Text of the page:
Monday, 28 September 2015


This is another delicious recipe from my rellies in South Africa. It really is the most scrumptious cake!! It is quite large, so is easily halved. I made the full quantity as per the original recipe and had to use a 9” round tin and that was full to the brim! Half the amount in a small loaf tin would be equally as good, but adjust the timings.

Such wonderfully indulgent ingredients! No wonder it is so good!!!

Lightly oil, then line the base of your chosen size tin. I used a 9”. Preheat your fan oven to about 165C.

8 oz softened butter
11 oz caster sugar
1 teaspoon vanilla bean paste [or extract]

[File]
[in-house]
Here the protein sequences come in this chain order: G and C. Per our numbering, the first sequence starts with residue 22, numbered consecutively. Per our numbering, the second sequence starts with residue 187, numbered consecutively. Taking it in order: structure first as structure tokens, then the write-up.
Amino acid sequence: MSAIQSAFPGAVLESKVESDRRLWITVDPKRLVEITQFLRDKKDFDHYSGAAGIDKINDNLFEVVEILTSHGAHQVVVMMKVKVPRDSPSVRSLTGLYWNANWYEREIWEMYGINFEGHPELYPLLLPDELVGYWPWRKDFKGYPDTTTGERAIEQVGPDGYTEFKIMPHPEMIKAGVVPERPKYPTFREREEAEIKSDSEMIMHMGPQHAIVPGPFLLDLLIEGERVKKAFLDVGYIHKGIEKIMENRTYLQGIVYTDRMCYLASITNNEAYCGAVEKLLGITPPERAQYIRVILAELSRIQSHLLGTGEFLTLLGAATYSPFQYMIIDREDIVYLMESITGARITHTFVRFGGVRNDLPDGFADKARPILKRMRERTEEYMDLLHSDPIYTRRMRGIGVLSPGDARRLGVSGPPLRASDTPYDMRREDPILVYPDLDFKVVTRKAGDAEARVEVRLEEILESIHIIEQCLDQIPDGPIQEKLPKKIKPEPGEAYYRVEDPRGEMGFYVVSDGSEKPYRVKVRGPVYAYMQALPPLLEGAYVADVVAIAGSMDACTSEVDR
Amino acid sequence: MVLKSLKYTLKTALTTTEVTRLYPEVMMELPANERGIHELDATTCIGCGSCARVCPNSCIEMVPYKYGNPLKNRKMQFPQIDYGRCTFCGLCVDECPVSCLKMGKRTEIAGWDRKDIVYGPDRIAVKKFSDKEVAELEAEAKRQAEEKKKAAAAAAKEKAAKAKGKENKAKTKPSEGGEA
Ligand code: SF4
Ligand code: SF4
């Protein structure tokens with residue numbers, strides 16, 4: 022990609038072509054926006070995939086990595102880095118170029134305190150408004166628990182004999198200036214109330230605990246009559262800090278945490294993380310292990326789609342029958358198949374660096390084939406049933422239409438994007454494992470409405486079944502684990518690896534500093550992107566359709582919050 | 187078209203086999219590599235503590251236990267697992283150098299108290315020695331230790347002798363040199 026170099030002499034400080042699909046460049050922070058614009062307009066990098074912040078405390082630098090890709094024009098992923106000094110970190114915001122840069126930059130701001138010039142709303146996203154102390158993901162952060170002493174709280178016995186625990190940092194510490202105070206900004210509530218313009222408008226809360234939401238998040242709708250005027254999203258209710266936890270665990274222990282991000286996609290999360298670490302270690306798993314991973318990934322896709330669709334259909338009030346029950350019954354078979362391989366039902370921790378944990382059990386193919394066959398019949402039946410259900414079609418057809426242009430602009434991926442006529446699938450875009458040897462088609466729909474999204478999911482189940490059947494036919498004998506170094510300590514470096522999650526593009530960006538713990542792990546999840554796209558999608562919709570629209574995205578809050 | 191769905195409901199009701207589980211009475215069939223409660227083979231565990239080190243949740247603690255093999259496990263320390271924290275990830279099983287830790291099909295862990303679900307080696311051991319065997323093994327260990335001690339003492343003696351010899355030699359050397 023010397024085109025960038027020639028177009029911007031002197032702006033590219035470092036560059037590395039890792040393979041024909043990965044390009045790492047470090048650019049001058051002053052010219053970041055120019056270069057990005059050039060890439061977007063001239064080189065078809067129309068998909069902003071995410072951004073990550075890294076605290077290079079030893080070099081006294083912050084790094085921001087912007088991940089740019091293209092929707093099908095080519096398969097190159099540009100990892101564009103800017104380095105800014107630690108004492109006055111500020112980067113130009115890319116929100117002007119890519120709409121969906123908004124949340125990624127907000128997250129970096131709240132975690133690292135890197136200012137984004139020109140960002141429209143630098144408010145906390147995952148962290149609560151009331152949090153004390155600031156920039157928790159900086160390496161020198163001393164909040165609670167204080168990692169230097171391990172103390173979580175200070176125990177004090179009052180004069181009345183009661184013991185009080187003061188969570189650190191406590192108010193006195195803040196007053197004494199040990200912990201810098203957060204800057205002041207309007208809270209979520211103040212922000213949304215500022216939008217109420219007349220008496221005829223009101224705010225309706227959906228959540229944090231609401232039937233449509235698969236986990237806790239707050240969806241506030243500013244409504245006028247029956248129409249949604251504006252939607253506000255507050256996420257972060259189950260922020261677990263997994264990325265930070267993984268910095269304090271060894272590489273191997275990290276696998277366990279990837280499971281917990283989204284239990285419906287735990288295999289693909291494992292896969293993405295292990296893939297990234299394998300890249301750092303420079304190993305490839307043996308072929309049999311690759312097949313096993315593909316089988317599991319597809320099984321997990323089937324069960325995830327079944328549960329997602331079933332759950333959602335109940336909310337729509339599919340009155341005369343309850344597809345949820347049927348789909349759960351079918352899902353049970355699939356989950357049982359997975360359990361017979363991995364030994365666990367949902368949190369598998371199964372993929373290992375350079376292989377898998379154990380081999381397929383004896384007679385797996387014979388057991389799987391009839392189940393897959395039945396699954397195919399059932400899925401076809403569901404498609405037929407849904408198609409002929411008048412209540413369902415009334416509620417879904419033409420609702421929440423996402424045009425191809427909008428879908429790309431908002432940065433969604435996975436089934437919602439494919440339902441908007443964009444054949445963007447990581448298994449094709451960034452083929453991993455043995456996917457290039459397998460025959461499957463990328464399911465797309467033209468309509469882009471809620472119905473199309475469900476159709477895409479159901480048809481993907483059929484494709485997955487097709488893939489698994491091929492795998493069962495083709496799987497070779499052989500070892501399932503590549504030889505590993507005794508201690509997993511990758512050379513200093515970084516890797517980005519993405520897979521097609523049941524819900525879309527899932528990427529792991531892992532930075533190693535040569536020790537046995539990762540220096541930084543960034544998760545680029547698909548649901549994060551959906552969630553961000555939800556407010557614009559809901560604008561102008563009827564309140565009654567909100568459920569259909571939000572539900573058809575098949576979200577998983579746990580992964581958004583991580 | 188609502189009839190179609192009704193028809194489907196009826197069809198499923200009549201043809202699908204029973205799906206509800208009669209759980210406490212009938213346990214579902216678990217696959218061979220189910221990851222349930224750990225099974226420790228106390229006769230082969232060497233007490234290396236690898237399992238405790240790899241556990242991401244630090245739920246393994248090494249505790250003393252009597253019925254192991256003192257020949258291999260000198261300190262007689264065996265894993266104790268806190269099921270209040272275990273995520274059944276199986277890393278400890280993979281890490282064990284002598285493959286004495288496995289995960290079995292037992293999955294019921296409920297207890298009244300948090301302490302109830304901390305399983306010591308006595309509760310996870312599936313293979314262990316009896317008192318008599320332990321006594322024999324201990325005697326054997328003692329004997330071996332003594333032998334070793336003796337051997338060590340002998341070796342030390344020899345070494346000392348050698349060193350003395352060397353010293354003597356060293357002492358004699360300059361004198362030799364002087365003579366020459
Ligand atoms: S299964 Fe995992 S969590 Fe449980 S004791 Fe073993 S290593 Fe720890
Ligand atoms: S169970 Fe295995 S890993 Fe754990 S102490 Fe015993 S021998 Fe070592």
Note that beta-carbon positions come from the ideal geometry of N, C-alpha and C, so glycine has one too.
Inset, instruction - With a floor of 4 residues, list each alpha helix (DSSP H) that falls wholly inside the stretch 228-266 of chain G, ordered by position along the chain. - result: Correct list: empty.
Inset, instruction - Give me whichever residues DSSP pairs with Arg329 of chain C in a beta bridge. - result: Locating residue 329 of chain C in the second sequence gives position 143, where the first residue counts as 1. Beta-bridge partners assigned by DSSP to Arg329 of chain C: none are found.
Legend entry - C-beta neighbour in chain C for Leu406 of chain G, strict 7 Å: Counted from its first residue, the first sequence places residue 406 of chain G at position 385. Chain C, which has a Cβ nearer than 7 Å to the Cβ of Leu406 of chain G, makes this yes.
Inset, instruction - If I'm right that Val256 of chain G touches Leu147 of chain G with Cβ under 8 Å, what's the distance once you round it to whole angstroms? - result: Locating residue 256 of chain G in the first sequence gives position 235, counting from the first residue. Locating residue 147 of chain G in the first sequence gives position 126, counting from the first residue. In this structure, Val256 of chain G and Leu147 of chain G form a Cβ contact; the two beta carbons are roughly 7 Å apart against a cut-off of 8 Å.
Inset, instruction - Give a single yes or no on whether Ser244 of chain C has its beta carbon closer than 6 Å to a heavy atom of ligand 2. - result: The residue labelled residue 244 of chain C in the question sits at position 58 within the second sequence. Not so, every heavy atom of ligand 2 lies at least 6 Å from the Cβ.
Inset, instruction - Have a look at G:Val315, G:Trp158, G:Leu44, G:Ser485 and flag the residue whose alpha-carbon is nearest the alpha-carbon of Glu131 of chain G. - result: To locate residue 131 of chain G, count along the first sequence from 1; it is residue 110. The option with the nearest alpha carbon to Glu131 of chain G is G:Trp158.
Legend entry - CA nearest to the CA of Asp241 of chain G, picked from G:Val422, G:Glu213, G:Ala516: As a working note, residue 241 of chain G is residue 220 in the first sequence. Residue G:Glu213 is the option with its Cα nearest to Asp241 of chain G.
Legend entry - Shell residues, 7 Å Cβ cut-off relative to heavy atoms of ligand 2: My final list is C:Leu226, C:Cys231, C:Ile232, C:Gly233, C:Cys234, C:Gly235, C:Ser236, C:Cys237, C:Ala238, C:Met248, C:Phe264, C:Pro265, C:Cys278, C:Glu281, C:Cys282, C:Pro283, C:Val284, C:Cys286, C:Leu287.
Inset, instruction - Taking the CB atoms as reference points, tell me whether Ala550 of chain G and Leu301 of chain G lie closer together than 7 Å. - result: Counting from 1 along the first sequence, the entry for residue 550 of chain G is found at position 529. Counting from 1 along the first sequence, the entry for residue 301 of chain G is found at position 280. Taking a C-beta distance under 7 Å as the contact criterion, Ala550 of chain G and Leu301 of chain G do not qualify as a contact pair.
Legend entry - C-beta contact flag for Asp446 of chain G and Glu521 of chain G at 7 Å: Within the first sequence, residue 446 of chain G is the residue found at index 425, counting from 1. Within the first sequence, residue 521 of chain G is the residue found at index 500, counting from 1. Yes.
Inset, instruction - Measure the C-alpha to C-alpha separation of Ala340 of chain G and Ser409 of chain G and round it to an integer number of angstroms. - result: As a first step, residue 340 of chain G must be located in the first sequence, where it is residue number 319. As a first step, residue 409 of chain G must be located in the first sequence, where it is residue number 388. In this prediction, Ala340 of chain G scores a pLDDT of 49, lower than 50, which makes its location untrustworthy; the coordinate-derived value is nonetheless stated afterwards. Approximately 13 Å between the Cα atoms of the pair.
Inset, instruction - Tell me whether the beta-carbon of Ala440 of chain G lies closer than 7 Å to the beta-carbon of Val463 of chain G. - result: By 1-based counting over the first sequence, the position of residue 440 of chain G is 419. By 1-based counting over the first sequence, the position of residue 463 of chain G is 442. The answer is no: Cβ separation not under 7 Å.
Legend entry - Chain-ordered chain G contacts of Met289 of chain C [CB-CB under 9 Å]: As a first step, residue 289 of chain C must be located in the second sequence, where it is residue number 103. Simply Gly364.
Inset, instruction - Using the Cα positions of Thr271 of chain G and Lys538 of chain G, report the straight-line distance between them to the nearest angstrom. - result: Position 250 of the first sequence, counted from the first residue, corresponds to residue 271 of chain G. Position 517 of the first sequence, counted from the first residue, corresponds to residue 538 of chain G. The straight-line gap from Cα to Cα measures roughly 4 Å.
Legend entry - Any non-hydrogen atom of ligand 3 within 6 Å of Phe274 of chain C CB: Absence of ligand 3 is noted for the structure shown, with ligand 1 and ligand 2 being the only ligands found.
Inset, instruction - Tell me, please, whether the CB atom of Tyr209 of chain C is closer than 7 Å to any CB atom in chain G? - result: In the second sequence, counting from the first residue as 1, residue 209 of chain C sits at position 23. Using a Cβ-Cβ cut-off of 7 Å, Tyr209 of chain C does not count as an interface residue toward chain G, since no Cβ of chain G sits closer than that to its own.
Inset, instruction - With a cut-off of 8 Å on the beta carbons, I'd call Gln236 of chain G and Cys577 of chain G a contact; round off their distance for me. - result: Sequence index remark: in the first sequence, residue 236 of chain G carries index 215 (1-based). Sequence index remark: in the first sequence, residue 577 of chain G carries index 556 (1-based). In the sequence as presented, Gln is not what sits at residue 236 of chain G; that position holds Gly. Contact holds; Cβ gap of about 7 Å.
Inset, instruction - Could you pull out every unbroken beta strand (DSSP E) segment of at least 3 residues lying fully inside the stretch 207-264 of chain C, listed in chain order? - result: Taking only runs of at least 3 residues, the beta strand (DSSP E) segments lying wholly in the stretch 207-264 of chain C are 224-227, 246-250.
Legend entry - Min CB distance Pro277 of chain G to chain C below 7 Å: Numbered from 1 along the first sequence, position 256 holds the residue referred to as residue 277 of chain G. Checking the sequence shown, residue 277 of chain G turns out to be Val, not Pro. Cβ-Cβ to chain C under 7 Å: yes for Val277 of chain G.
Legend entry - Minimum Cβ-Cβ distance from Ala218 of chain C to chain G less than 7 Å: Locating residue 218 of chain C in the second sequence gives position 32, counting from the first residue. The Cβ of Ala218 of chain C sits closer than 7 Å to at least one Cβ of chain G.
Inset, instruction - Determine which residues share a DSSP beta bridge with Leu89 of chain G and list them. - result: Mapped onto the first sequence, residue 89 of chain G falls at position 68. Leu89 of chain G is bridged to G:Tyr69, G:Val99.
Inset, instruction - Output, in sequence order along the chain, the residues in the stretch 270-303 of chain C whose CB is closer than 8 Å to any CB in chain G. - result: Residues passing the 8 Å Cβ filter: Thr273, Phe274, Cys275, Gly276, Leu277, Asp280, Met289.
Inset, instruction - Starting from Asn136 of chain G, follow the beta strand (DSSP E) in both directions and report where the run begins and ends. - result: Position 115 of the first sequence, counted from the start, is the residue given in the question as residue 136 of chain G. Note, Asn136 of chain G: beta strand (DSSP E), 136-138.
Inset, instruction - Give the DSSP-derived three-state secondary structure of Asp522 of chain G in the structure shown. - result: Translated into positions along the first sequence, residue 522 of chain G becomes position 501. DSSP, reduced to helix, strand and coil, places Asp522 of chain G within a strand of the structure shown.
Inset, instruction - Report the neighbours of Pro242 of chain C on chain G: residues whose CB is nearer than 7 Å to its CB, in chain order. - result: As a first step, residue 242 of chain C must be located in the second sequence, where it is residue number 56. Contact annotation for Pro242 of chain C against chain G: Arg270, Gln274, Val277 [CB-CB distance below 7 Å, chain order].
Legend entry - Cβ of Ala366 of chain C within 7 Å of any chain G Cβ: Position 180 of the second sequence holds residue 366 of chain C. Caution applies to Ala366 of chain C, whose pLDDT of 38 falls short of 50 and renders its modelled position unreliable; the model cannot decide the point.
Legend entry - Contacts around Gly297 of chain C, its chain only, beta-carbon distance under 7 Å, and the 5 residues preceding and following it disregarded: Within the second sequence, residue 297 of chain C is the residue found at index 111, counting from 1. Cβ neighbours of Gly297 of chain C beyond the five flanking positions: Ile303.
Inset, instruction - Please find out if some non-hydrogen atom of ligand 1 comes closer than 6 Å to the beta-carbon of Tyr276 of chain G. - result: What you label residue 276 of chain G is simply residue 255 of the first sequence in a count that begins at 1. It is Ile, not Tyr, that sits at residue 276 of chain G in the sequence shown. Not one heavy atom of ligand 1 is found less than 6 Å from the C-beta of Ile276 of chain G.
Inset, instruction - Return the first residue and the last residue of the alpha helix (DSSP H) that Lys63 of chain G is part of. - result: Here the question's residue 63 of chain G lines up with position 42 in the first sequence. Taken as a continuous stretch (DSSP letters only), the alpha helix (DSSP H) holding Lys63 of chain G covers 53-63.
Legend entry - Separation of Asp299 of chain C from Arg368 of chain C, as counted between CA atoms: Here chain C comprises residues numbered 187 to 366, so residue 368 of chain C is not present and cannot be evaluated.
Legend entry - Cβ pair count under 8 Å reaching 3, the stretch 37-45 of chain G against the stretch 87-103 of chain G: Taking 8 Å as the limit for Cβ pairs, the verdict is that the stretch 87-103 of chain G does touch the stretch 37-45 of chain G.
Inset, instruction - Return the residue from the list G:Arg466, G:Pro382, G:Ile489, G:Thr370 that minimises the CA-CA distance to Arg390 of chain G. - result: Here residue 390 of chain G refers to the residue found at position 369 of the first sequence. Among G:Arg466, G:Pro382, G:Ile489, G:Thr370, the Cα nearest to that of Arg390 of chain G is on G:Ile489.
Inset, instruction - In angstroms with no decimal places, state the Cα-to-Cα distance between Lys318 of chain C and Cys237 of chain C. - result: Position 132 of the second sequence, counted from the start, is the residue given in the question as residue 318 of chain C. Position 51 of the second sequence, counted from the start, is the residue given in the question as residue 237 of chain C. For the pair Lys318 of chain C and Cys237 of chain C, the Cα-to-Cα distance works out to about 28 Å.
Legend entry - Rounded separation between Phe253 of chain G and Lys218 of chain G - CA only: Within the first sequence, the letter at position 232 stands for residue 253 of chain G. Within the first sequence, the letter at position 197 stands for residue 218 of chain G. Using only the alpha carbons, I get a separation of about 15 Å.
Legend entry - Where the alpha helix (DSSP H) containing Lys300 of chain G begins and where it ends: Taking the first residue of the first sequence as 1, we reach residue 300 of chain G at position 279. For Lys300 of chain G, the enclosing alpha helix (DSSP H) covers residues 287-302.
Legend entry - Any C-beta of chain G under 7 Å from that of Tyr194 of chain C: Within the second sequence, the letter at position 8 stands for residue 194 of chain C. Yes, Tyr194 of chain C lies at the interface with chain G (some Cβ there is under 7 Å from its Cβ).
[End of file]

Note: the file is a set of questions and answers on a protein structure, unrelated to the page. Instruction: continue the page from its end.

3 large eggs
15 oz SR flour
1 teaspoon bicarbonate of soda
1 teaspoon salt
3 oz melted 70% cocoa solids chocolate [this is me, not the recipe!]
125 ml sour cream
3 mashed bananas [4 if small]

Cream the butter, vanilla and sugar until light and fluffy. Add the eggs, one at a time, then add the mashed bananas, followed by the melted chocolate. Fold in the remaining dry ingredients and the sour cream, until well incorporated.

Tip into your prepared tin and bake for 1 hour or until firm to the touch. Cool in the tin for a bit before turning out.

Well, what can I say. Just brilliant.

Now I am not a fan of heavily decorated buns and cakes. The ingredients should speak for themselves without the showy decorated over sweet toppings. In my view this needs nothing except a light dusting of icing sugar, or I often use a sprinkling of flake for that extra chocolatey hit.

Thursday, 24 September 2015


About three months ago someone asked if I had this recipe? I found it in my 1920s Cornish Recipes book, so a few days ago I decided to make it, when my friend Jeny was coming for lunch.